Here in Part 2 I will cover the general partnership (as distinct from the limited partnership, which I will cover in a future article).
General partnerships are created whenever two or more people become co-owners in a business for profit. Generally however, partnerships are formally created by filing a certificate of organization with the state Secretary of State’s office or a DBA (“doing business as”) certificate with the City Clerk’s office, depending on the jurisdiction. After a partnership is formed, it is not generally required to draft a partnership/operating agreement like a corporation is required to draft bylaws — in the absence of a written partnership agreement the state partnership act and the course of performance between/among the partners serve as the default agreement.
Unlike corporations, where ownership and management are nominally distinct, in partnerships partners are usually responsible for strategic and day-to-day management of the partnership. By default, each partner is an agent of the partnership — they usually have the apparent authority to bind the partnership to transactions that are normally completed in the usual course of business. This can be an issue if partners are geographically disperse (and therefore partners are unable to check in on one another), but the situation can be improved by a well-crafted partnership agreement.
Partnership interests are relatively illiquid; under the default “pick-your-partner” rule, new partners can only be admitted by vote of the existing partners. Generally however, the economic rights of a partnership interest — that is, the right to receive tax credits and distributions of profits — can be freely bought and sold, but they do not carry any management rights. Moreover, a partnership lacks “continuity of life” — by default, the resignation, retirement, or death of a partner terminates the partnership; however, a partnership agreement can provide the partnership or the partners individually the right to purchase the interest of a resigned, retired, or deceased partner and keep the partnership going (in practice this is almost always done).
The agency, “pick-your-partner”, and lack of continuity life features that are by default a part of partnerships can make obtaining seed funding in exchange for equity (from family and friends, angel investors, or venture capitalists) by start-ups difficult. Not only would granting a partnership interest to seed investors by default grant management rights, which entrepreneurs may not want, but selling a partnership interest is difficult, which can discourage investment by angel investors or venture capitalists who normally invest with a view to selling their equity for a profit. Such issues can be mitigated, but not eliminated, by a partnership agreement.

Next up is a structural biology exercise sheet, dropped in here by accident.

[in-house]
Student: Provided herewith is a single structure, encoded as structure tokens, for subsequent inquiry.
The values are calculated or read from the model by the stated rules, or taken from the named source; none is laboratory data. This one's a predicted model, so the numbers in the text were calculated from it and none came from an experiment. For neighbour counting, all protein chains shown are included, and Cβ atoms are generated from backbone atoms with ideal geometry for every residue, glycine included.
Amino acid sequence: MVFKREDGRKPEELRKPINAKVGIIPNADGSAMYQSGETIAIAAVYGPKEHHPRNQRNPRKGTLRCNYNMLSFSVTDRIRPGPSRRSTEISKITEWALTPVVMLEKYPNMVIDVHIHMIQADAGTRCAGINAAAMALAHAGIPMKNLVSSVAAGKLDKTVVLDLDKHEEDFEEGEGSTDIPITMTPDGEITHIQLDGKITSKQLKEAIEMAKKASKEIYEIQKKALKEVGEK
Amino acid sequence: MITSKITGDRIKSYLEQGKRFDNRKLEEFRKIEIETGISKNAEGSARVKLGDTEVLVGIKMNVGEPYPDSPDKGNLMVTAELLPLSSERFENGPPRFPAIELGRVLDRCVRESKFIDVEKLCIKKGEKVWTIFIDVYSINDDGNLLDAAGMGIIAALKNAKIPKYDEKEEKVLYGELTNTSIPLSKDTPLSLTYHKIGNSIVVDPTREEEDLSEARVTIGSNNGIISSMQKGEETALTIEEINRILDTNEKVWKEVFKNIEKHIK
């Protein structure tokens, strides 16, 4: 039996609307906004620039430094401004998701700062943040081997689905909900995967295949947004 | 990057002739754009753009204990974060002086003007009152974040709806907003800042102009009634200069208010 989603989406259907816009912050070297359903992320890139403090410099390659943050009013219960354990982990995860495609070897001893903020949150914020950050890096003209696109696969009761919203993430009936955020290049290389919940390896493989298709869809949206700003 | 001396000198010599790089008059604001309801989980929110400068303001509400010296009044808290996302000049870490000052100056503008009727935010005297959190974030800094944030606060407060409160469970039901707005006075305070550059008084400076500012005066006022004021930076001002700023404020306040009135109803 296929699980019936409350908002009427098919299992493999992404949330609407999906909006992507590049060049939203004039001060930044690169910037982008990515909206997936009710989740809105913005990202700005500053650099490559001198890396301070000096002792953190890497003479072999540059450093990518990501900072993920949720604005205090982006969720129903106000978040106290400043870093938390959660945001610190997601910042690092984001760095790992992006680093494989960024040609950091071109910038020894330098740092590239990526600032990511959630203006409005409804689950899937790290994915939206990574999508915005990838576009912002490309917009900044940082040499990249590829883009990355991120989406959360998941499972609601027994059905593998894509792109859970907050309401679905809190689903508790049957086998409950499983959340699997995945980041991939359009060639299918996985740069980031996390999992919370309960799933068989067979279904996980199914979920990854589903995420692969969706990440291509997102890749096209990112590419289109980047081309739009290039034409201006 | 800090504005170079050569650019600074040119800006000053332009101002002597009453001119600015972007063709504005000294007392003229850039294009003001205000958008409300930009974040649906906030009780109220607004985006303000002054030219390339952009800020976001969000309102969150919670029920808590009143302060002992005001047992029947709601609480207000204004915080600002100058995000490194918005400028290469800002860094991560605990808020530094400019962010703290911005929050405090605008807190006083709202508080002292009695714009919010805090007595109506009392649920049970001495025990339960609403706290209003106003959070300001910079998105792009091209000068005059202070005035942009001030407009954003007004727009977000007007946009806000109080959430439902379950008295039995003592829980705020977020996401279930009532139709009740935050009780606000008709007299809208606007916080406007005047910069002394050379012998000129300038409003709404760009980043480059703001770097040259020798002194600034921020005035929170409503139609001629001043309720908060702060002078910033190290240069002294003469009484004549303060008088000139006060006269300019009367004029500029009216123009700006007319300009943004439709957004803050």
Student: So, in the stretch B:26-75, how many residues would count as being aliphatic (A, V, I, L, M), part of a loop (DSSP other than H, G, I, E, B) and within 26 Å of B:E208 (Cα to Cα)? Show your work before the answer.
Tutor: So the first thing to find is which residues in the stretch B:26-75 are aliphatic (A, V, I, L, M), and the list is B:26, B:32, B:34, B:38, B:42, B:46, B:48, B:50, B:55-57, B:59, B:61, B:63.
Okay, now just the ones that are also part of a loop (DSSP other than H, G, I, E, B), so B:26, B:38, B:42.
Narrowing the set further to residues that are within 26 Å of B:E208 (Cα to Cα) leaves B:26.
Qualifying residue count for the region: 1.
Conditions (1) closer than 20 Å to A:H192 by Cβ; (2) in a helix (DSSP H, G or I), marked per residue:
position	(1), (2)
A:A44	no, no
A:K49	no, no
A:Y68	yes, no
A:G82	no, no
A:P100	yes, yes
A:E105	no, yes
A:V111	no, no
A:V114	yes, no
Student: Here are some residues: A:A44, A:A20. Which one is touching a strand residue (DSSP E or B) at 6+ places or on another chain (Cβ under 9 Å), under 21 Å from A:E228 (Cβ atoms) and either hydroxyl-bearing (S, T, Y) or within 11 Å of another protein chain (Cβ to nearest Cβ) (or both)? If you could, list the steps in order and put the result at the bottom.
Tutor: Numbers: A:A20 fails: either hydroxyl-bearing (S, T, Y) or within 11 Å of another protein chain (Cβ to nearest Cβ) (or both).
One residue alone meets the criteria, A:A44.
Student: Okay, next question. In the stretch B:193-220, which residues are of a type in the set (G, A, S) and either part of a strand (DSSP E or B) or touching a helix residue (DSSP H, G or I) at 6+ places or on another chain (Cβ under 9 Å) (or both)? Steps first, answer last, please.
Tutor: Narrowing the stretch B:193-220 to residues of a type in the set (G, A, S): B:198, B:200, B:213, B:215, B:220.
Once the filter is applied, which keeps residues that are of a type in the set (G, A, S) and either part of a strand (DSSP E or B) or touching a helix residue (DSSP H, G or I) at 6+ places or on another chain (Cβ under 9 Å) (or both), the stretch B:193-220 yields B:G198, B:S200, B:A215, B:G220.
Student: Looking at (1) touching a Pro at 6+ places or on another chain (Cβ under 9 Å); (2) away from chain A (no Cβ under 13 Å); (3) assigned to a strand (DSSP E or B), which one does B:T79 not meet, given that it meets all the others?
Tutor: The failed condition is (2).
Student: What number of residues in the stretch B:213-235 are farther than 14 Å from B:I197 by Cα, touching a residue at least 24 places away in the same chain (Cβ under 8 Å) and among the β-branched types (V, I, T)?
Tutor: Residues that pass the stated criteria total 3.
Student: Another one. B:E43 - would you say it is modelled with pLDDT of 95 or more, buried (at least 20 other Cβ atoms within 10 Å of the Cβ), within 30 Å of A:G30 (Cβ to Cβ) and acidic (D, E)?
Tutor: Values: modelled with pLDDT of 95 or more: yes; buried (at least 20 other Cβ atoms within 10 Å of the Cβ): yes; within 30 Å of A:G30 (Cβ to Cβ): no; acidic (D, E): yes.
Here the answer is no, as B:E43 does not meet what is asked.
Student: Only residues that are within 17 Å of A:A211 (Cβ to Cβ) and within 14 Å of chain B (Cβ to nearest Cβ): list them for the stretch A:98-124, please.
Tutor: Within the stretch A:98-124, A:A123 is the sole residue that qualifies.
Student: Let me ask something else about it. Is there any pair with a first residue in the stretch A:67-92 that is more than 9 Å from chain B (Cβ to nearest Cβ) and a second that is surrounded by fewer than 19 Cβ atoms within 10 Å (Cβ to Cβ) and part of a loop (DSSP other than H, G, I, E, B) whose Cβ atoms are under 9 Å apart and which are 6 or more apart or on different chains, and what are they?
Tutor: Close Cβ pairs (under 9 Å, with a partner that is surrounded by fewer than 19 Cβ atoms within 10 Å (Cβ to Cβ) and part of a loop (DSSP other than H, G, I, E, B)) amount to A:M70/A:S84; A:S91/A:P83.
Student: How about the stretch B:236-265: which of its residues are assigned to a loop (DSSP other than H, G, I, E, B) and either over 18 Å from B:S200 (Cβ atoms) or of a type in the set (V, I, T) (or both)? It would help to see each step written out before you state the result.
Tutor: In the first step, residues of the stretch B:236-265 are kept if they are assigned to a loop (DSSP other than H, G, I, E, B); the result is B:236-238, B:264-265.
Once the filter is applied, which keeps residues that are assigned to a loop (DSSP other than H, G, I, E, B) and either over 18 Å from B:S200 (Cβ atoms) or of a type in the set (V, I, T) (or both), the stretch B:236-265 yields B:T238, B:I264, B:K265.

Partners are jointly and severally liable for the obligations of the partnership, even if they arise as a result of the actions of only one of the partners. However, partnerships can file registration statements with their state’s Secretary of State office to obtain a limited liability shield. However, the shield usually only protects the partners from liability that arises after limited liability was obtained; furthermore, of course, partners are not protected from personal liability they incur in the course of partnership business, such as tort liability, for example.
Partnerships are considered pass-through entities for taxation purposes, so partnerships profits and losses are reported on the partners’ tax returns (though partnerships must also file informational returns). It is possible for profits, losses, and tax credits to be specially allocated among partners. The upside to pass-through taxation is that profits are only taxed once as opposed to the double-taxation of C corporations; the downside is that the tax liability is the partners’ responsibility, not the partnership’s responsibility. However, many partnership agreements include clauses that in the event that profits are retained in the partnership, distributions will be made to the extent to cover the partners’ tax liabilities.
As always, if you have any questions, or suggestions for future articles, head over to the Contact page and send us an email! Thanks for reading!